Wednesday, 28 May 2014

SUSTAINABLE ARCHITECTURE

Sustainable architecture is a response to current needs. Architecture that consumes little energy in its manufacture and will consume as little as possible in its operation.

 


As basic approaches we can look at of situation, volumes, facades and roofs.

Situation


You must know the weather data and to incorporate passive design measures. As fundamentals are:
  • temperature
  • direction
  • humidity
  • solar radiation
  • wind
To achieve better comfort, you have to take into account the orientation and direction of the prevailing winds, proximity to wetlands, harnessing solar radition and natural ventilation.

Two things, the sentence us a bit confused and reads better:

To achieve better comfort you should take the proximity to wetlands into account and also the orientation of the building in order to harness solar radiation and natural ventilation from the prevailing winds.


Another sentence from Murcutt you could have used: Sustainable architecture should respond to climatic conditions and function without air conditioning or heating through controlling sunlight penetration and manipulating the breezes.

Volumes



The optimal form of the building is based on searching the thermal balance: lower reducing heat loss in winter and heat gain in summer less. This depends on the type of weather. In extreme climates as optimal the optimum form would be compact volumes.

Sectorization Division of housing is also recommended: Near ¿Distinguish between? night vs day area, for increased energy demand, more or less depending on occupancy.

Facade



The facade must harness solar radiation, natural lighting and ventilation. The holes apertures are also key elements. In colder climates larger apertures that allow heat and solar gain are advisable. Whereas in warm climates the holes apertures must be protected to prevent excessive heat gain the temperature rise, also called the greenhouse effect.

Roof



The roof is the most important element as it can be exploited for passive use of solar radiation, passive cooler element and natural light. You can also pipe and collect water or use a roof garden which has the advantages of thermal and acoustic insulation. 

Manuel Gómez Pérez

Sustainable architecture is a response to a current needs. It is designed and built more efficiently and lower costs.
As basic approaches find aspects of situation, volumes, facades and roofs.

Situation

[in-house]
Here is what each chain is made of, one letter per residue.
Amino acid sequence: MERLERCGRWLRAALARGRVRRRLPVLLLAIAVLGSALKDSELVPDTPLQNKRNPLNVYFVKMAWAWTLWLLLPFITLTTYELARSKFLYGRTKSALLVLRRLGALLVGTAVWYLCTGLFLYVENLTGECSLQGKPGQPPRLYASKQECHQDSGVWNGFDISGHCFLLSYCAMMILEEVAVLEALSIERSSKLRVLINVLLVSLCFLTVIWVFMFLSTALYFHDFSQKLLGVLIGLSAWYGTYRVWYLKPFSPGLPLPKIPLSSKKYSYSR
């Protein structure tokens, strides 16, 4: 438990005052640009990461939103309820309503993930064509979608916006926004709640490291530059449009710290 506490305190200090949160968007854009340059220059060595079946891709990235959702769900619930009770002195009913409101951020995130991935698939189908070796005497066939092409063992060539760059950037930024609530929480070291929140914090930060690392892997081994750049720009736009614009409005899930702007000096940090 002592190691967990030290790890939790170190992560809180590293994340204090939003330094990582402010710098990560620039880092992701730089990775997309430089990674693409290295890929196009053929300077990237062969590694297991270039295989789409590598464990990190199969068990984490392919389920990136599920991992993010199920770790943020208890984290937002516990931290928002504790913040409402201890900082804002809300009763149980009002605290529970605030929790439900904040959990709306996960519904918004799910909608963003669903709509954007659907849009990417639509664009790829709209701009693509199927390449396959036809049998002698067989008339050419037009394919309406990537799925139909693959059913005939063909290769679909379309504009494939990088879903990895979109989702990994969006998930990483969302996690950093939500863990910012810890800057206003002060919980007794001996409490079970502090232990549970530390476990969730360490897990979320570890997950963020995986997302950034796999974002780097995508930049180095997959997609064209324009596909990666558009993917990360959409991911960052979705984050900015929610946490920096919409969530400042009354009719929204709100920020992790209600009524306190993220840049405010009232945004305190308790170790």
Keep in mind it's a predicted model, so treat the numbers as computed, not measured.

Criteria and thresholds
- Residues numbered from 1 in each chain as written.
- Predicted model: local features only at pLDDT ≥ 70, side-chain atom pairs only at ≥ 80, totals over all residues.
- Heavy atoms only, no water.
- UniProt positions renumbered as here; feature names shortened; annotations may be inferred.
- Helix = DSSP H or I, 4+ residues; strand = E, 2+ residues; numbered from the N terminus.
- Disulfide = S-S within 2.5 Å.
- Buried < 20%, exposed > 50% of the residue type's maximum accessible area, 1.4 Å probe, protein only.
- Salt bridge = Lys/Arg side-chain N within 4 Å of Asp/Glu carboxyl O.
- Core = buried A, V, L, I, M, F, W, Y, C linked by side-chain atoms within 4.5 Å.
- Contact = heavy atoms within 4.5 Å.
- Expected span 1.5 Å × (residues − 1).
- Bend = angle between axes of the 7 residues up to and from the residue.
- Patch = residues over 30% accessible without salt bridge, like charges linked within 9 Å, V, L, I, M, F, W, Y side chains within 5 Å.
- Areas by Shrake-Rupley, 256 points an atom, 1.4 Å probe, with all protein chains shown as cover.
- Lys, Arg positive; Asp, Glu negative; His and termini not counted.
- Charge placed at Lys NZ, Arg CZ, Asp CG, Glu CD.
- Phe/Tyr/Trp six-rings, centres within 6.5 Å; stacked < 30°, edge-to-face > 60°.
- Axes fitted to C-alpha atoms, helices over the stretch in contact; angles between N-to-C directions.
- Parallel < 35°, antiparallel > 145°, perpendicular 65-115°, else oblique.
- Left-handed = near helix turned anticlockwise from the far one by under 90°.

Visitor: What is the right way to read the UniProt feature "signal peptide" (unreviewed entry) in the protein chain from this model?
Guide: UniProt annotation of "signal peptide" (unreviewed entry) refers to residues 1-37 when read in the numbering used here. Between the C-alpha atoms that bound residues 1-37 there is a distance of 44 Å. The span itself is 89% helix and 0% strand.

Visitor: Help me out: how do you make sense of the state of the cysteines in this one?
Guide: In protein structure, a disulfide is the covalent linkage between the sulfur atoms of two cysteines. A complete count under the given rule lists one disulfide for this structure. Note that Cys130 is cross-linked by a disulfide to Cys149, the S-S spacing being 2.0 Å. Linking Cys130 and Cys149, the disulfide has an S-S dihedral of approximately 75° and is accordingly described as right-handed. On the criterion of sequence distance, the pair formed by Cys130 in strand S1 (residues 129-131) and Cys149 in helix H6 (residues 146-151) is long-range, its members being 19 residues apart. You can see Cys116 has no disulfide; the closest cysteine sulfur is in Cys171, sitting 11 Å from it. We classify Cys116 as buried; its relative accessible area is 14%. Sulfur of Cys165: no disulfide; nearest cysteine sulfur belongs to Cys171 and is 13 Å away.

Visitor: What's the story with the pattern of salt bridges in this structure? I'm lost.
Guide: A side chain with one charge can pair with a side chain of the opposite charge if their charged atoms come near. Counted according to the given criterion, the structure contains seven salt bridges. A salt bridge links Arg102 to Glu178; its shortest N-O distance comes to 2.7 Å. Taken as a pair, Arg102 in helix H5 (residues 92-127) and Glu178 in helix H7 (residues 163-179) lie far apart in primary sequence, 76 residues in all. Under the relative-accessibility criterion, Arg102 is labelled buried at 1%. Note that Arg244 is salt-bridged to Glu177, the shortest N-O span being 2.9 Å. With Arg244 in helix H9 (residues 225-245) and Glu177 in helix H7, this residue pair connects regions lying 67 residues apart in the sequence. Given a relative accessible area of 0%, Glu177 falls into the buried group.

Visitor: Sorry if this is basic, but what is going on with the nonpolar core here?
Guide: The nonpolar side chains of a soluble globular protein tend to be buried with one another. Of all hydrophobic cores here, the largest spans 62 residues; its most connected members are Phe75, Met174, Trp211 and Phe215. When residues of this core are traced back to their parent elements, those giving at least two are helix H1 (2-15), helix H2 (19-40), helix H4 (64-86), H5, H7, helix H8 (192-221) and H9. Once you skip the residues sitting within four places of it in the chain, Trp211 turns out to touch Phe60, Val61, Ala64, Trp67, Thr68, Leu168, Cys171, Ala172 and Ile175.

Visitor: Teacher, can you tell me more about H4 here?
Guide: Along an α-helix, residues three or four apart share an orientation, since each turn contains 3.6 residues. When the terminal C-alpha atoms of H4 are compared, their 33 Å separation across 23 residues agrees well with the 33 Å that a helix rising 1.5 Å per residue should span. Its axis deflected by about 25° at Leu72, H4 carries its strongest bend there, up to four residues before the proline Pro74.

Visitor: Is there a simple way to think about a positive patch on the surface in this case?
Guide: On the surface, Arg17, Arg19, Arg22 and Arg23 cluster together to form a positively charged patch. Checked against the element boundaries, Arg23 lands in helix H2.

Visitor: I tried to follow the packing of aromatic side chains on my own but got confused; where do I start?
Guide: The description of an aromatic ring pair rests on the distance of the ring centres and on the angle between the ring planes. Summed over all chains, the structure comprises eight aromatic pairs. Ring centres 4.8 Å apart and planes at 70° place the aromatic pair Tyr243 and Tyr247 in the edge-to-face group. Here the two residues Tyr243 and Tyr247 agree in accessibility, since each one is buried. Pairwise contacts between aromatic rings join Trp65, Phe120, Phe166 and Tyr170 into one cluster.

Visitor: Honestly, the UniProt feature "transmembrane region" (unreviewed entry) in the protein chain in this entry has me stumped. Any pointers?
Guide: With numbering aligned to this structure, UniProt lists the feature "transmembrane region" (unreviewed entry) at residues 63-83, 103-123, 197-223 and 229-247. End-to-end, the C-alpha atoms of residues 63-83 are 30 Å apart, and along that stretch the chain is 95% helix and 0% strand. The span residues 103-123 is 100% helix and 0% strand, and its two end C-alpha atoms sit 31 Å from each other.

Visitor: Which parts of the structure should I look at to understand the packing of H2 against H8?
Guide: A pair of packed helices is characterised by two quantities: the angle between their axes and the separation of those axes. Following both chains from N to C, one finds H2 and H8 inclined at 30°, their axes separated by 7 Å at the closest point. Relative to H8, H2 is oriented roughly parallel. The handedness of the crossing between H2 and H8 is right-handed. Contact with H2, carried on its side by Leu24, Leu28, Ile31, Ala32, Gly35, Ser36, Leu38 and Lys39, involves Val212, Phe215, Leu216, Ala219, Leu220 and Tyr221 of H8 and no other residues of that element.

You must know the weather data and to incorporate passive design measures. As fundamentals are: temperature, direction, humidity, solar radiation and wind.
To achieve better comfort, you have to take into account the orientation direction of the prevailing winds, proximity to wetlands, harnessing solar radition and natural ventilation.

Volumes

The optimal form of the building is based on searching the thermal balance: lower heat loss in winter and heat gain in summer less. This depends on the type of weather. In extreme climates as optimal are compact volumes.
Sectorization of housing is also recommended: Near night vs day area, for increased energy demand, more or less depending on occupancy.

Facade

The facade must harness solar radiation, natural lighting and ventilation. The holes are also key elements.
In cold weather it is advisable large holes that allow heat and solar gain. In warm climates the holes must be protected to prevent the temperature rise, also called the greenhouse effect.

Roof

The roof is the most important element in the sun. This can be exploited as passive use of solar radiation, passive cooler element and natural light. You can also pipe and collect water or use a roof garden.
Roof garden has advantages of thermal and acoustic insulation. 

1 comment:

  1. Manuel, I'm always interested to read about environmental approached to architecture. And I think that you've structured it in a very logical way that is easy to follow. I think you've written an appropriate amount for each part of the blog entry and I feel informed after finishing reading which is most important in a factual piece like this.

    I think the images work well, but perhaps a diagram, like the one we saw when looking at 'retrofit' might give extra depth to the understanding of some of the technical aspects.

    Well done, Martin

    ReplyDelete